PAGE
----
CREATIVITY FOR SCRIPTWRITERS 1 day course London Saturday June 21st.

A course for scriptwriters in all media – TV, film, radio, theatre – designed to help you generate exciting ideas and characters, and give your creativity a boost with a day of fun, stimulating writing exercises. Run by TV drama script editor, producer and script consultant PHILIP SHELLEY with guest speaker writer ANDERS LUSTGARTEN

NB Not many places left for this course now – so if you’re interested, early booking is ADVISABLE.



 Hi There,


I indulged myself on bank holiday Monday and watched 7 episodes of HOUSE OF CARDS season 2. I find it wonderfully compelling and so enjoyable that I’m immersed in the stories rather than standing back and trying to objectively analyse why they work as well as they do. But it’s fascinating and instructive to me that I can be so drawn into the stories of two central characters who are so objectively unsympathetic – it’s one of the features of this show that the protagonist in particular is one of the great anti-heroes – hugely complex, but decisively on the side of bad! At the same time though he is a hugely engaging character, and as a member of the audience I’m rooting for him to succeed. Not sure what this says about me…

The show is packed with memorable characterisations and brilliant story-telling. But in this 7 episode splurge, there was one deceptively simple scene that stood out for me in its economy, originality and story-telling power. It’s a brief one minute scene in Season 2 Episode 3. A scene in which Rachel Posner is working in a call centre, undertaking a phone survey about gun crime in US schools. The anonymous male caller on the other end of the line tries to flirt with her ‘You sound hot. Are you hot?’ – and even this fatuous flirtation is written beautifully (set as it is uncomfortably against the background of the horrible idea of mass shootings in schools). Rachel cuts off the call, looks up to see that her supervisor isn’t looking, then scrolls across a Google-earth-type map until she comes to a large building – it’s a hospital, she gets the phone number and calls, looks back again to make sure her supervisor isn’t looking her way. ‘Can I speak to Cheryl Posner?’ ‘Sorry, she’s on duty right now.’ ‘It’s her daughter’. ‘Hold on one moment.’ The call is put through. As she waits Rachel looks around her again, shiftily. The supervisor notices, starts slowly walking over to her desk. Cheryl Posner (on phone): ‘Rachel…Rachel…sweetheart are you there?’ We see Rachel listening, contemplating whether she should answer. Cheryl: ‘Please don’t…’ As the supervisor approaches, Rachel does indeed hang up. Then goes back to another survey call. End of scene.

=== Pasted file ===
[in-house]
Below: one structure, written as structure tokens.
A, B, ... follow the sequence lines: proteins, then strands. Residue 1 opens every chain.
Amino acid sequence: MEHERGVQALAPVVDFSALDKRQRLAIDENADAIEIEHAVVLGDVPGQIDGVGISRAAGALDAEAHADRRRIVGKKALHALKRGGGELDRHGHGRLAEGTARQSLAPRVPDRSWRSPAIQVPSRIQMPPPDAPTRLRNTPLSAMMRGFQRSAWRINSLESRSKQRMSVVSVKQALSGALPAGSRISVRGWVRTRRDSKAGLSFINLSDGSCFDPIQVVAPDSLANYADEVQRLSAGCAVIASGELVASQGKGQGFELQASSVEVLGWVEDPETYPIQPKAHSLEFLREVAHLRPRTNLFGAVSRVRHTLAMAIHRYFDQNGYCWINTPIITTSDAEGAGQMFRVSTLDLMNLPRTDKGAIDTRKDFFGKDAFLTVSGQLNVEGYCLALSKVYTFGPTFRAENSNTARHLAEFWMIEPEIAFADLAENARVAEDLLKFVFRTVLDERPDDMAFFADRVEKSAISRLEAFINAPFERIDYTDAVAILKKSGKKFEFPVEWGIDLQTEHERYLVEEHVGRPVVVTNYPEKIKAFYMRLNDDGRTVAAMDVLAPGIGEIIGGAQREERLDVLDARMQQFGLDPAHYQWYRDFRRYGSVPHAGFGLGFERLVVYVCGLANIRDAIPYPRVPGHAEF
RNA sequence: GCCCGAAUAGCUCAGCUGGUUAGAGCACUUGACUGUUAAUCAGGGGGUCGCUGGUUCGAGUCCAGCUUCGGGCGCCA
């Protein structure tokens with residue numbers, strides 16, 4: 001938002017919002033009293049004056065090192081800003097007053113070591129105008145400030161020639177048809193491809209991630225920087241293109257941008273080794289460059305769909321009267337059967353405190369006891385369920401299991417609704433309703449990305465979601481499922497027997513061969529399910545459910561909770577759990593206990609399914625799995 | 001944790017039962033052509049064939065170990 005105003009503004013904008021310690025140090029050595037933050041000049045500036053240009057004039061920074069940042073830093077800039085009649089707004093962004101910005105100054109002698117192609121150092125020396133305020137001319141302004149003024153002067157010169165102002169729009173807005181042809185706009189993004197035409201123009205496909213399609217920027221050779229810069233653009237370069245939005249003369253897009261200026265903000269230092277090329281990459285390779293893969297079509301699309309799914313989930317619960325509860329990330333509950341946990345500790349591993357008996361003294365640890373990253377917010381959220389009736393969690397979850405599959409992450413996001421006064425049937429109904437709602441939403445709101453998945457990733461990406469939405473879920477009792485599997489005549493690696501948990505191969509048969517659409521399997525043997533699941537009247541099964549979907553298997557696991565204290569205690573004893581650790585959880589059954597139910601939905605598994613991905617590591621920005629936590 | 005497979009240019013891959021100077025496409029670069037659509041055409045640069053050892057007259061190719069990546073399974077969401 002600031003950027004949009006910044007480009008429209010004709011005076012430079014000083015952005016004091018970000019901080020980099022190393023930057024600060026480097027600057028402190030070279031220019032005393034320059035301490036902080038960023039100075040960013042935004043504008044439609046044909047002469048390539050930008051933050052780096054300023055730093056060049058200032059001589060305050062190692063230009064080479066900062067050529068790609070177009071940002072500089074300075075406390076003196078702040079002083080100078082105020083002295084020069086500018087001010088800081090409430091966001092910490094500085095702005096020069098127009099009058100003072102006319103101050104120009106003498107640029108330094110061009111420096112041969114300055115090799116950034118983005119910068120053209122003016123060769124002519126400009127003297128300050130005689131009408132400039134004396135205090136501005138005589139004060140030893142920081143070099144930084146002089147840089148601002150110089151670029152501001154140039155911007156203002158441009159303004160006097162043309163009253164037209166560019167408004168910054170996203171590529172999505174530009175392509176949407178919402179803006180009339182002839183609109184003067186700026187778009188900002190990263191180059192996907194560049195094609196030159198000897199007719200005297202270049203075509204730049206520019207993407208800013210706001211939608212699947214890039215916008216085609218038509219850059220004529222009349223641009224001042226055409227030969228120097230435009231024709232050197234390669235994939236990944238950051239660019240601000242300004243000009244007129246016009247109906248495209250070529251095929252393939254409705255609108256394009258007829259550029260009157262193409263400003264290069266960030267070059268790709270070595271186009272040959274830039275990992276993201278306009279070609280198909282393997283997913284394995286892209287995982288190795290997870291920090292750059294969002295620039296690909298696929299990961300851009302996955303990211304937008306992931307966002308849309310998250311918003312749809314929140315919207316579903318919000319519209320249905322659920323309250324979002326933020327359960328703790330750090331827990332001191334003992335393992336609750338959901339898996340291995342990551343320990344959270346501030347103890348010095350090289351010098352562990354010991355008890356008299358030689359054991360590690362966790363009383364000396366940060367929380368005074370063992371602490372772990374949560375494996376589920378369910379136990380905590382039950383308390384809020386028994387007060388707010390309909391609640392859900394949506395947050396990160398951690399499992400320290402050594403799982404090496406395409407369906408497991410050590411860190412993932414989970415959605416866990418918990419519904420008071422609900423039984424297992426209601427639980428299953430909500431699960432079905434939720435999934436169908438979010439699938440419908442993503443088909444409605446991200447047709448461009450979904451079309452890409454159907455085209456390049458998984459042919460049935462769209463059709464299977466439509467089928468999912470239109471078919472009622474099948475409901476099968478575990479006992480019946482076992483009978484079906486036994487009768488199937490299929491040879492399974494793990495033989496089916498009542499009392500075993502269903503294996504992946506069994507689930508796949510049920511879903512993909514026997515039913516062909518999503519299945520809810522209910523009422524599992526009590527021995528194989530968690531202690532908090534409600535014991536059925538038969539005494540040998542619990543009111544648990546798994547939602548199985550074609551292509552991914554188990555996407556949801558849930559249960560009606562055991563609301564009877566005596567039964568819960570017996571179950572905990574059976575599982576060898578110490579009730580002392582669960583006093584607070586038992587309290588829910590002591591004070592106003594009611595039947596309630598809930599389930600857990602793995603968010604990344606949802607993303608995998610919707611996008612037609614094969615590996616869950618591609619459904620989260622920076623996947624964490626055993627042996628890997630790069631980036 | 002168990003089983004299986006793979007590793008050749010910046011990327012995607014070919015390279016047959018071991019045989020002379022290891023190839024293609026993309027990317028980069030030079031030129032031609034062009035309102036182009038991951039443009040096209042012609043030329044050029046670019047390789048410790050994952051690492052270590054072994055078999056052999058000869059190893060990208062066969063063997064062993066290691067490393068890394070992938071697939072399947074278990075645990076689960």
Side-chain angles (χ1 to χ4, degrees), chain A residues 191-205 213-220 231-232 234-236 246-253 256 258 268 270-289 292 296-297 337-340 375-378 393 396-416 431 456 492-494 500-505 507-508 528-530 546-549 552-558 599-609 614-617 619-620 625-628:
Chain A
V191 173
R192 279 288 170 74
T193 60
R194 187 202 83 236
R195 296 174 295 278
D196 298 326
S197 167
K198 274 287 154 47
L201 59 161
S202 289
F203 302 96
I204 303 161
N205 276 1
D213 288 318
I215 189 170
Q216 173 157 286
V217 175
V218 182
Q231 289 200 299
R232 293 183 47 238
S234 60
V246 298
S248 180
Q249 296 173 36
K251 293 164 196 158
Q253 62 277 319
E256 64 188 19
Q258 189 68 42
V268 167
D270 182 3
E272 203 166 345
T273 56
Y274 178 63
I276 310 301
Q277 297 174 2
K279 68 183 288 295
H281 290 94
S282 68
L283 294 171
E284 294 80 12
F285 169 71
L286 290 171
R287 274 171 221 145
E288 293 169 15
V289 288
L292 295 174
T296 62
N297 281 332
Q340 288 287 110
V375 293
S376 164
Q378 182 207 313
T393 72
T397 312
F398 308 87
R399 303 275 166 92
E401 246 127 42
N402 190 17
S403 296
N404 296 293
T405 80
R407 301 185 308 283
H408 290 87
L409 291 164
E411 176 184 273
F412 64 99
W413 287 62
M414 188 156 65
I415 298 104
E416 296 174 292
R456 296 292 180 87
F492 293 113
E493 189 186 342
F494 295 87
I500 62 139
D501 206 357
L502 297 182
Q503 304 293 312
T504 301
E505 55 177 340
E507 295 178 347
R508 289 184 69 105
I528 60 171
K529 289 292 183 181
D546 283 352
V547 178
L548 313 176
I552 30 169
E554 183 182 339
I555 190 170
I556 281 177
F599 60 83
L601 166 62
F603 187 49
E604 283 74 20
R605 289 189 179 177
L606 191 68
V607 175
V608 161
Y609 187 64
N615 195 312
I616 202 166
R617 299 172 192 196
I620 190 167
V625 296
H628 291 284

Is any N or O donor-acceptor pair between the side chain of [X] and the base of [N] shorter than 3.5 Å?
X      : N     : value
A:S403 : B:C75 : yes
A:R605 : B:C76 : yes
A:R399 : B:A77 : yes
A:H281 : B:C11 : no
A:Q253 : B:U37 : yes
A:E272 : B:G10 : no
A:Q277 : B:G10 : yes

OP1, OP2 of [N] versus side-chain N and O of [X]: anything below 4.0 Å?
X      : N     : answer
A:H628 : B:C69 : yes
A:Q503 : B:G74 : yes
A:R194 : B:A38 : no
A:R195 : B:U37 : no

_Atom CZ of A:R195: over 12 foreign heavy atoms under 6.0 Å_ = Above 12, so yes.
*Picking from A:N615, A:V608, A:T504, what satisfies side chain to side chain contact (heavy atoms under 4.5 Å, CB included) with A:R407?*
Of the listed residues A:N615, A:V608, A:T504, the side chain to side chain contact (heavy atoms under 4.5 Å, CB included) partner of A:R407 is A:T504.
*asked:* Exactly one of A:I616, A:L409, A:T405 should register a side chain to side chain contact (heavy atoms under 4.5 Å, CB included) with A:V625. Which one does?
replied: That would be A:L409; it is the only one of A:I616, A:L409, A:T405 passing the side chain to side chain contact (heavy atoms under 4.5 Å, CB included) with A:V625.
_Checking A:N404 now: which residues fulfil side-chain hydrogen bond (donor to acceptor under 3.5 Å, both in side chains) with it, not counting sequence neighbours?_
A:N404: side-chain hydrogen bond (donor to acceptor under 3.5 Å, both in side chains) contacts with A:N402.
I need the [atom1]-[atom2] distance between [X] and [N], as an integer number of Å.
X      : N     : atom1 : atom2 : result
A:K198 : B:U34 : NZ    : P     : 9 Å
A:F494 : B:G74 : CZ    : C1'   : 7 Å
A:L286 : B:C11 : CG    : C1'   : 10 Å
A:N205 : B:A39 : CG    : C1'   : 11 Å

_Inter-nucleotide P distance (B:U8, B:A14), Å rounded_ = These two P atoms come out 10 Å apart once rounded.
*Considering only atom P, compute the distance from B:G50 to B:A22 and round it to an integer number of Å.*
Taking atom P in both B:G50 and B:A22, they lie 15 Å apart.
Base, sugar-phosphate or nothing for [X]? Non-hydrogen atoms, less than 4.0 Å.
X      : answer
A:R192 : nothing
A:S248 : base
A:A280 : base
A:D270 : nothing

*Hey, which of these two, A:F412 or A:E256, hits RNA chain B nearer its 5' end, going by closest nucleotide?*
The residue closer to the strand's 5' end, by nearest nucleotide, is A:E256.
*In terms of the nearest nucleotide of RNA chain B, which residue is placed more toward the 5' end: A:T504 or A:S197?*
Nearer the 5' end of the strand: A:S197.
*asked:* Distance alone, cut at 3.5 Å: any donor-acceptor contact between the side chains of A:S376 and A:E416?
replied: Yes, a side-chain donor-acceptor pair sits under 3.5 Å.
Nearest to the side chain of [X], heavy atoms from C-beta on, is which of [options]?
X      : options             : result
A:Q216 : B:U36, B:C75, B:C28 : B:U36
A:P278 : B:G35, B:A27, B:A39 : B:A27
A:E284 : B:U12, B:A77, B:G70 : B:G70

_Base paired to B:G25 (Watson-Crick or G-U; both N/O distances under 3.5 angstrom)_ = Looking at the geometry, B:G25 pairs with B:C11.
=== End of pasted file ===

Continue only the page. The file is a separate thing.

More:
So it’s brief, it’s functional, there’ a minimum of dialogue – but it’s such a great example of how to dramatize exposition so that it’s powerful character-driven drama, rather than flat information – the idea that Rachel left home and her mother doesn’t know where she is. And there’s huge tension in the scene, with us wondering whether Rachel will indeed make contact with her mother, as we see the supervisor get closer and closer. And we know how important for different reasons this job is to Rachel – emotionally, she can’t afford to lose it. But it also and most brilliantly reveals the huge inner conflict within Rachel – her decision – for whatever reason – to reject her family, to disappear herself, but her contradictory deep inner need to make contact again with her mother. And in the lack of resolution, this scene also sets up a powerful on-going relationship and hook for future episodes (Will Rachel finally be reunited with her family?)

And all this in a one minute scene in a call centre, with only 1 on-screen speaking character. Absolutely brilliant screen story-telling. And the thing about House Of Cards is that there is scene after scene that can take this sort of analysis, because this is such a well-crafted, smart piece of story-telling.